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Etta James: The Early Years

Christopher Loudon on the release of a new compilation of vintage material from the legendary singer

Cover of Etta James: The Essential Modern Records Collection

Typically, whenever the subject of the early architects of rock ‘n’ roll arises, names like Howlin’ Wolf, Big Joe Turner, Hank Ballard, Bo Diddley and Big Mama Thornton are bandied about. But rarely is Etta James recognized among those pioneers. Indeed, when most people think of James, they focus on her post-1960 career, particularly her years at Chess Records where, beginning with the iconic “At Last,” label owner Leonard Chess transformed her from a gutsy blues shouter to a power balladeer. But as early as 1954, James was, under the guidance of Johnny Otis, pivotal among the artists erecting musical signposts for Elvis, Jerry Lee and others who would follow. James was inducted into the Rock ‘n’ Roll Hall of Fame a full eight years before her 2001 inclusion in the Blues Hall of Fame. And, in 2008, Rolling Stone ranked her at number 22 in its rock-focused list of the 100 Greatest Singers of All Time. Among the women on that list, only Aretha Franklin and Tina Turner ranked higher.

Fortunately, the best of those early recordings, all for Modern Records, have now been assembled in a single-disc collection. Etta James: The Essential Modern Records Collection (Virgin/EMI) includes 15 tracks spanning 1954-57. It opens with James’ rather notorious “Roll With Me Henry,” recorded when she was just 16. A raunchy answer song to Ballard’s equally suggestive “Work With Me Annie,” the track was considered too racy for mainstream radio airplay. The title was changed to the less evocative “The Wallflower” and, despite its notoriety (or, more likely, because of it), it soared to number 1 on the R&B charts. The track’s crossover potential was limited by more than just its sexually charged lyrics. Former Artie Shaw vocalist Georgia Gibbs, signed to the far more powerful Mercury label, released a cleaned-up cover version, safely entitled “Dance With Me Henry.” It spent three weeks at number one on the pop charts.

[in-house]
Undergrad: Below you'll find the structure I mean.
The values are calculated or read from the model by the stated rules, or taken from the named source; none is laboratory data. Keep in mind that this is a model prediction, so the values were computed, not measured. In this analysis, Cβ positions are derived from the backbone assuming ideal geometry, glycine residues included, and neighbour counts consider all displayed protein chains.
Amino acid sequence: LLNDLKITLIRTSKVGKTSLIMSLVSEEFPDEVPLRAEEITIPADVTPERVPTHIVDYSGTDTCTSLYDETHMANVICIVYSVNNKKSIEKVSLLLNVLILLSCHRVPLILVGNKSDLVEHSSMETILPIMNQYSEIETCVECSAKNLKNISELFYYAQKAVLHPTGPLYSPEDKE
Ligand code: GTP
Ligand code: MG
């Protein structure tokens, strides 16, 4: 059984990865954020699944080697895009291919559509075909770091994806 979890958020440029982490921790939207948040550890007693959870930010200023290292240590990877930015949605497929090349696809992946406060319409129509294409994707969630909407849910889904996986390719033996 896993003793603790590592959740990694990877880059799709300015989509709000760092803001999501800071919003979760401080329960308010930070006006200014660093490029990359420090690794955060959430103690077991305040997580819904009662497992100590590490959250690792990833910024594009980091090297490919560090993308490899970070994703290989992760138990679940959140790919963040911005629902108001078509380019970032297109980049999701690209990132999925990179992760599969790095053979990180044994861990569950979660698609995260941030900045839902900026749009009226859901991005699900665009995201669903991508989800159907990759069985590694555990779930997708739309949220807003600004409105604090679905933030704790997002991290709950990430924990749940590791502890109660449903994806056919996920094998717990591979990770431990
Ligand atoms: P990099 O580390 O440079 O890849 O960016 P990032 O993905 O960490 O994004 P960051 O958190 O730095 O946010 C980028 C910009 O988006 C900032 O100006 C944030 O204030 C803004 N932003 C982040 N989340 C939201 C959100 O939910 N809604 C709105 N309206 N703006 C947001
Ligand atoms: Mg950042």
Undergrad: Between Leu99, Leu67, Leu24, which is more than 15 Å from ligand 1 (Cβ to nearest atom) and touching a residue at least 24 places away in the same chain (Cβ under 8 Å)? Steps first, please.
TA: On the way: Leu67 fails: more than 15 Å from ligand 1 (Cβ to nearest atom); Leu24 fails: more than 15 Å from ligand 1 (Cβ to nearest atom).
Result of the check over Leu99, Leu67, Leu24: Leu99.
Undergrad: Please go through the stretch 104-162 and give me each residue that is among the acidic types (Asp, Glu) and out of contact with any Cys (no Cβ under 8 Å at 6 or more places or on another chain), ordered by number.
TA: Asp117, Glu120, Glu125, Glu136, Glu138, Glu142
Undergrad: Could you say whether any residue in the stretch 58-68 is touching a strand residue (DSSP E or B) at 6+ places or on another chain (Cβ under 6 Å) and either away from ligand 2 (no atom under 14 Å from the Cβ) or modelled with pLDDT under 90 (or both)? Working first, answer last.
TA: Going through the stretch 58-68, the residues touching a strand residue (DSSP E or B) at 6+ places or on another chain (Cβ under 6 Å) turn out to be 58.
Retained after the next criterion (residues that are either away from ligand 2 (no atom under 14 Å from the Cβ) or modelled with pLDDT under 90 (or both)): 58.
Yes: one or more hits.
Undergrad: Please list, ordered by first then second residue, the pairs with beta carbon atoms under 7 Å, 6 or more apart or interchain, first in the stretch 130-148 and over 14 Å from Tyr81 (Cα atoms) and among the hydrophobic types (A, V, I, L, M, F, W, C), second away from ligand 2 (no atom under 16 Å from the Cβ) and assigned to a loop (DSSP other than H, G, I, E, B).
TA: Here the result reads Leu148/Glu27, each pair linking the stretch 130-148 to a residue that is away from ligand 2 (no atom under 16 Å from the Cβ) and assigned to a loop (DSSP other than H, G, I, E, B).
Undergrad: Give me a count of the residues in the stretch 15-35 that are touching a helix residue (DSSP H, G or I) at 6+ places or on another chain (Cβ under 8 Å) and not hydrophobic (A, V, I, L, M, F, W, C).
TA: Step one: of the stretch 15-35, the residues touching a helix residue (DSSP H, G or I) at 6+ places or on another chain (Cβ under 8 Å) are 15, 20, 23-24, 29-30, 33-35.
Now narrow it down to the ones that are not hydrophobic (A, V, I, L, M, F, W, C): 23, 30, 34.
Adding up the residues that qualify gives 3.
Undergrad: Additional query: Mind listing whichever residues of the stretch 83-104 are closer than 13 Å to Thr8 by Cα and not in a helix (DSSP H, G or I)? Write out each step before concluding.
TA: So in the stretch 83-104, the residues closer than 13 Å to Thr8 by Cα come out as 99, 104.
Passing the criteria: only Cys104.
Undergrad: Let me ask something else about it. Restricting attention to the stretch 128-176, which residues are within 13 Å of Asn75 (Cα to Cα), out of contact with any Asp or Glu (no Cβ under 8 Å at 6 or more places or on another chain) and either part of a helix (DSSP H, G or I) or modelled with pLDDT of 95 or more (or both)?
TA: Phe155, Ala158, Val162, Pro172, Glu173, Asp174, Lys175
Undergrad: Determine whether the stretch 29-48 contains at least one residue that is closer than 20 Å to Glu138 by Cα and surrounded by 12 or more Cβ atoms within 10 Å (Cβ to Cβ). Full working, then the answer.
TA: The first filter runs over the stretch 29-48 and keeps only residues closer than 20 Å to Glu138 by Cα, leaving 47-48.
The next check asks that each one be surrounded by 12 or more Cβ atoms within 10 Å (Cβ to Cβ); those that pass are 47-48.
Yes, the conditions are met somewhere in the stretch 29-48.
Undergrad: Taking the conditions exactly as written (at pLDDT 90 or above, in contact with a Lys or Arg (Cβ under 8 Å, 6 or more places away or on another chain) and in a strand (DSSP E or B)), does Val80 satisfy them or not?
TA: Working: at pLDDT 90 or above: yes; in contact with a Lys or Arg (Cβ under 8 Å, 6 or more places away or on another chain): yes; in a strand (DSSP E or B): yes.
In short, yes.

James countered with a coy follow-up called “Hey! Henry” (also included on the disc), but it failed to make much noise. It was, instead, the wailing “Good Rockin’ Daddy,” co-written by Richard Berry (who can be heard singing counterpoint on “Roll With Me Henry”) and Joe Bihari (who, with his brother Jules, owned Modern Records) that earned James her second major hit. Thereafter (until the massive success of “At Last”) the hits stopped coming, though the quality of James work did not diminish an iota.

Two other Berry tunes are included in this collection, the rollicking “Number One” (which cleverly references “Henry” as a bygone lover) and the stridently plaintive “I’m A Fool.” James herself co-authored both the playfully sensual “W-O-M-A-N” and the high-octane “Tough Lover,” easily the equal of any of Little Richard’s thundering hits.

Also included are her near-orgiastic reading of Lieber and Stoller’s “Tears of Joy” and the sunny “Come What May,” which finds James is a slightly mellower groove, presaging her Chess work that commenced just a couple of years later.

Perhaps most intriguing are, however, James’ explosive reinvention of the traditional ditty “Shortnin’ Bread” (a song that Brian Wilson would subsequently become obsessed with) and the colorful short story “The Pick Up,” with a coolly assured Etta swapping salty lines with a blistering sax.

If you’d like to share your comments about Etta James, or have suggestions for future installments of Hearing Voices, please email [email protected].

Originally Published